The CISO Rises to the Top

Information Security
The CISO Rises to the Top

By Teri Robinson

Practically a foreign concept a decade ago, the Chief Information Security Officer (CISO) has become a solid fixture within federal government and has gained clout as agencies have made information security a top priority.

Experts contend that a critical part of any agency security policy and strategy is to have someone in charge of implementing, monitoring and ensuring that policy is carried out. And agencies have taken that to heart. A survey by the 1105 Government Information Group last year found that 87 percent of the respondents had a CISO or CISO-equivalent in place.

But unfortunately, if the CISO position wasn’t simply a figurehead, it was close. Most lacked the authority to even gather information critical to security and compliance from deep within in the ranks of their own agencies. But that has changed…significantly.

In a report published last year by (ISC)2, “A View from the Front Line: The State of Cybersecurity from the federal Chief Information Security Officer’s Perspective,” 90 percent of the respondents said that they had significant influence on their agency’s security strategy.

“The CISOs’ responses clearly demonstrate that cybersecurity is evolving in terms of management priority,” said W. Hord Tipton, executive director of (ISC)2, an organization which educates and certifies security professionals. “Although CISOs are still facing organizational challenges, we view it as a positive sign that CISOs feel they are being listened to by senior management and that their recommendations are, for the most part, being considered and implemented. However, that has not always been the case in the past.”

CISOs reported in the survey that there were still an abundance of issues that agencies must address and over the past year, some of their needs have begun to be met.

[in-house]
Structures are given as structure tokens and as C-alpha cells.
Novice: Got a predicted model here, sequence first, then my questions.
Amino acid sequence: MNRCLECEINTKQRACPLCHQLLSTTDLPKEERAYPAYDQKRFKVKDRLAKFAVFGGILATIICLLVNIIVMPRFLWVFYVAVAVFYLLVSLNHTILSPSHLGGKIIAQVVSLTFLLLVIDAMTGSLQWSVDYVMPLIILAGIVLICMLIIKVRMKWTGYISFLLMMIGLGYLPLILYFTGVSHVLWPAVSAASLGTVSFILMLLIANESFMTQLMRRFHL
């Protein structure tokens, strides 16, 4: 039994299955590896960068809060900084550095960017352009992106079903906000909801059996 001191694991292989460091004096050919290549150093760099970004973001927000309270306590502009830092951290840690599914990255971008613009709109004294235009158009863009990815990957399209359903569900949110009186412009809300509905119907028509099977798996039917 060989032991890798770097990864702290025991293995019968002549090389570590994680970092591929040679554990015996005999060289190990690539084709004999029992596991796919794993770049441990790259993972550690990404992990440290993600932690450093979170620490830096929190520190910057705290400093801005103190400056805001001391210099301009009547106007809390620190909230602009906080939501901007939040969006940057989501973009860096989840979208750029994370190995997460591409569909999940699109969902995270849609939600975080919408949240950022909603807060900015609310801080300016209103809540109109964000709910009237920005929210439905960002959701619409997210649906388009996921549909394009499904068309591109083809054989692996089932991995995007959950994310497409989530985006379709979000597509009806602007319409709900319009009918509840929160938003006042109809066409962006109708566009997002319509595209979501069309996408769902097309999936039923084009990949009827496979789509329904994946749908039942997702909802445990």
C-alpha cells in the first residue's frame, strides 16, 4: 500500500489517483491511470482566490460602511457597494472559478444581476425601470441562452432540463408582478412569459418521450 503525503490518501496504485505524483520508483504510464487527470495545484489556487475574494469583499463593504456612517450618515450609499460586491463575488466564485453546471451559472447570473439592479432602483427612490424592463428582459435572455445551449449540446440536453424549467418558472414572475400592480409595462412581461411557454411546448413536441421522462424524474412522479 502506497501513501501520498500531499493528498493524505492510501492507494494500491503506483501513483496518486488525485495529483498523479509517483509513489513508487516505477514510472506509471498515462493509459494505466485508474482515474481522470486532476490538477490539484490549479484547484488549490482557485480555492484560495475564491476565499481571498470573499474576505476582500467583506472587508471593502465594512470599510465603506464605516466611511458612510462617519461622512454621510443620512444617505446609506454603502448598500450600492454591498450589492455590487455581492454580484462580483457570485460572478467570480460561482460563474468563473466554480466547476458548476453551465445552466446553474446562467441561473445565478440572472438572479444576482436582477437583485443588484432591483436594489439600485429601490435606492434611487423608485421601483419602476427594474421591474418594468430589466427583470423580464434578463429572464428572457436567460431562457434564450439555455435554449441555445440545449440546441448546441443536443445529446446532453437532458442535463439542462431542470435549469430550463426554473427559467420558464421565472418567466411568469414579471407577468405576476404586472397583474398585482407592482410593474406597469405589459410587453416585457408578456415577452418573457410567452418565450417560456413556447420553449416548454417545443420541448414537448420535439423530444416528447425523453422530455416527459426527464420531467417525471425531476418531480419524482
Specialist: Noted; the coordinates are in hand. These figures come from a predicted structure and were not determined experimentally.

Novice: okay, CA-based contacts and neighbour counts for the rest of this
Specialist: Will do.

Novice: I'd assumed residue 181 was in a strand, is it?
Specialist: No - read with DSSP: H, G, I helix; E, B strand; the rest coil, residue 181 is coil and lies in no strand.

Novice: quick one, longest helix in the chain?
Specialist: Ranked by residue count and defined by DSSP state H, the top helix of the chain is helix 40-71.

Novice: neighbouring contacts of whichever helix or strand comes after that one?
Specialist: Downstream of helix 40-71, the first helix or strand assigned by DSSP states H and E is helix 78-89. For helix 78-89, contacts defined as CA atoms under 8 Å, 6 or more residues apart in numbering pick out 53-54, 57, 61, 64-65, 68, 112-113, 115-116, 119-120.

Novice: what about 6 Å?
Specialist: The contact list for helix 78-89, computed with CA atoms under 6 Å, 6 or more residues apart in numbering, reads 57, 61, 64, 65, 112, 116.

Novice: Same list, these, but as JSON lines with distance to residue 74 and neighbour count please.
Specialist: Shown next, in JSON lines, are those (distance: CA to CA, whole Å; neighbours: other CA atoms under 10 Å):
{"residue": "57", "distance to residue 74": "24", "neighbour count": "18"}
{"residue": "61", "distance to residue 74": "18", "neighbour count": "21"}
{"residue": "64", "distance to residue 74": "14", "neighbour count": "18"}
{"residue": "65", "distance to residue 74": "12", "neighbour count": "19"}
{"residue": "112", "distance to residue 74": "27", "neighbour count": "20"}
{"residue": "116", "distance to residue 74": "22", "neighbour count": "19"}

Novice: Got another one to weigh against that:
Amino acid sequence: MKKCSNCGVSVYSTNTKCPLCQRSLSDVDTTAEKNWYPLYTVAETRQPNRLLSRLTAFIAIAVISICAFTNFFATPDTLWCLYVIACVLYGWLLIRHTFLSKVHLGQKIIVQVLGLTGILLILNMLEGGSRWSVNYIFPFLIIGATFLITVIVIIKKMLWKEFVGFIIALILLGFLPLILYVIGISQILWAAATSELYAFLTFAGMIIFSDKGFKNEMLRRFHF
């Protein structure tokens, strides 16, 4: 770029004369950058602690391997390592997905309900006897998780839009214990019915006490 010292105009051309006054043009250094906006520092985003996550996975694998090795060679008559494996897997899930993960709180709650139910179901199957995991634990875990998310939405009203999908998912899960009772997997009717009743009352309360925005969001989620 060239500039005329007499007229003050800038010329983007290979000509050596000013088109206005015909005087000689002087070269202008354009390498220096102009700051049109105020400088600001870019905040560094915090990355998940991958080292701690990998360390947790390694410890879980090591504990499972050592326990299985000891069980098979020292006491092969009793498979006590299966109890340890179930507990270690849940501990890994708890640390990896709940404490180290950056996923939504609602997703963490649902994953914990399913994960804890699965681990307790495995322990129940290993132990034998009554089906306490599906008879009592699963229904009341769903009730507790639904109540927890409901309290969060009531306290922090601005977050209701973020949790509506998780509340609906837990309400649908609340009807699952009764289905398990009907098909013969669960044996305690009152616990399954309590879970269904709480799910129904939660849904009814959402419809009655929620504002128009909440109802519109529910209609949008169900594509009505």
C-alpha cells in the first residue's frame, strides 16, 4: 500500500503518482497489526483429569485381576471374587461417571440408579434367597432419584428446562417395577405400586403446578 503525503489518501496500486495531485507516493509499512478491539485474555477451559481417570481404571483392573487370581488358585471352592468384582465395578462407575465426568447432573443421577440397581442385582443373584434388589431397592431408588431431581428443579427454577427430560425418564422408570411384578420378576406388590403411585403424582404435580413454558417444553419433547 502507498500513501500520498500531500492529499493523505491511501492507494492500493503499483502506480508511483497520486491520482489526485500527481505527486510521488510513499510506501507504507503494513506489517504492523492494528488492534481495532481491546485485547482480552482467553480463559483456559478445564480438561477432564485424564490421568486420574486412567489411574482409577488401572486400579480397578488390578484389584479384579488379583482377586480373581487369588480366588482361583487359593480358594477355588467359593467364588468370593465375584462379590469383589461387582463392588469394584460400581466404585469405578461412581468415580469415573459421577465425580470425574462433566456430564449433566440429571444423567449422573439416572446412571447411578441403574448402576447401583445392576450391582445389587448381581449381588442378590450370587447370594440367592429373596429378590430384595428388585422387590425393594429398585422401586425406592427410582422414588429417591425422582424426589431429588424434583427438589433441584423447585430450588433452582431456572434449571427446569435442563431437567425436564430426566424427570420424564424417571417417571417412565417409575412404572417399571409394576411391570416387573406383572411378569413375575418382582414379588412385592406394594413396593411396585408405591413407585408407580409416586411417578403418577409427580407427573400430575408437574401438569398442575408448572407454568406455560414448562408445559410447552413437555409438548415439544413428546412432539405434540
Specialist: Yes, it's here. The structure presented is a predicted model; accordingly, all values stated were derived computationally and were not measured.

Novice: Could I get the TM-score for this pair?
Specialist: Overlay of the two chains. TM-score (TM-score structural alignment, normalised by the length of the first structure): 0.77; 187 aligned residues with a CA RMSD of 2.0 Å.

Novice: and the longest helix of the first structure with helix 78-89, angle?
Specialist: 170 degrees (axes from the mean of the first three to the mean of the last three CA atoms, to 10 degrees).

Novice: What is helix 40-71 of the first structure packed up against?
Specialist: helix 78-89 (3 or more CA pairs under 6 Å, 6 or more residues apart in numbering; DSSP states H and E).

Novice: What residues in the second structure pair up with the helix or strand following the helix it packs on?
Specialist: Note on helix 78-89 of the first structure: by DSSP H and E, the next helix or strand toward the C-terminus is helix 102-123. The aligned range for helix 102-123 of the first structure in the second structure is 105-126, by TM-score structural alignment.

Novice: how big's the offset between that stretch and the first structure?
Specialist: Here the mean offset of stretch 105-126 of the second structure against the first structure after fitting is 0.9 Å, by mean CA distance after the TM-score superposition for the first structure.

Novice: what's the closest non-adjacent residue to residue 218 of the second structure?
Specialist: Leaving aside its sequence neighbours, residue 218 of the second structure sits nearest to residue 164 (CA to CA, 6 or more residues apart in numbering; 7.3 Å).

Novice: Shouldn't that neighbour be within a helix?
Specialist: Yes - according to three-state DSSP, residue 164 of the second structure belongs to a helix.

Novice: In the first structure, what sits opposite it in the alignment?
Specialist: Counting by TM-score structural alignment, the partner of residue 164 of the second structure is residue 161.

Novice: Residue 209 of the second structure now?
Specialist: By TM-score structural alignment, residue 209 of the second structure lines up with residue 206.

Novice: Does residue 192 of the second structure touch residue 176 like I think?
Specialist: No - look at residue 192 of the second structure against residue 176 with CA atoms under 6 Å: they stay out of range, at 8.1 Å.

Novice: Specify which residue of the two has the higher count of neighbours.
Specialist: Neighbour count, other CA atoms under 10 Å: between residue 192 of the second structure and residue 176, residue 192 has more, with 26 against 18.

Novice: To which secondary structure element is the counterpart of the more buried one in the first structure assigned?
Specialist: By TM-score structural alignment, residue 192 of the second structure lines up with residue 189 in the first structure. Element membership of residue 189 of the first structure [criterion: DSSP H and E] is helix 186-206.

For instance, (ISC)2 noted that CISOs “strongly favor(ed) a shift from compliance reporting to continuous monitoring, as well as the imposition of stricter security requirements during the acquisition of all major IT systems.” And in May of this year, the U.S. House of Representatives moved to do just that by passing the National Defense Authorization Act. The legislation contains an amendment that would move agencies away from cumbersome paper-based compliance reports to continuous monitoring through a Web-based gateway.

CISOs in the (ISC)2 report also expressed the need for “more resources and even more senior buy-in than they’re currently getting to accomplish their mission.” The proposed FISMA overhaul in part addresses the latter, giving CISOs greater latitude in gathering data from different departments and bureaus within their agencies.

And, of course, acquiring the proper resources, be it technology or people, has been a struggle against a tight budget for most CISOs. In the 1105 Government Information Group survey, 50 percent of the respondents said they expected to hire security personnel in the next 12 months. But many said they would turn to contract workers. The (ISC)2 respondents noted that they seek workers with “experience, professional certifications and communication skills.”

The Comprehensive National Cybersecurity Initiative 2 (CNCI2) announced this spring will focus on training and education and the creation of  educational tracks and degree programs to turn out security professionals. In addition, a number of measures in that initiative will coordinate and manage “the federal enterprise network as a single network enterprise.” By understanding and coordinating security initiatives across agencies, the government can identify the points of vulnerability, recommend where agencies need to take action and stimulate the use of shared resources.

Most CISOs in the (ISC)2 survey claimed to be satisfied with their jobs. But while they note that they are more influential than ever before, they have a long way to go. According to the study, “76 percent of CISOs report to the agency Chief Information Officer, but none to the Chief Operating Officer, the Chief Financial Officer or the Chief Risk Officer, which CISOs believe limits their overall effectiveness.”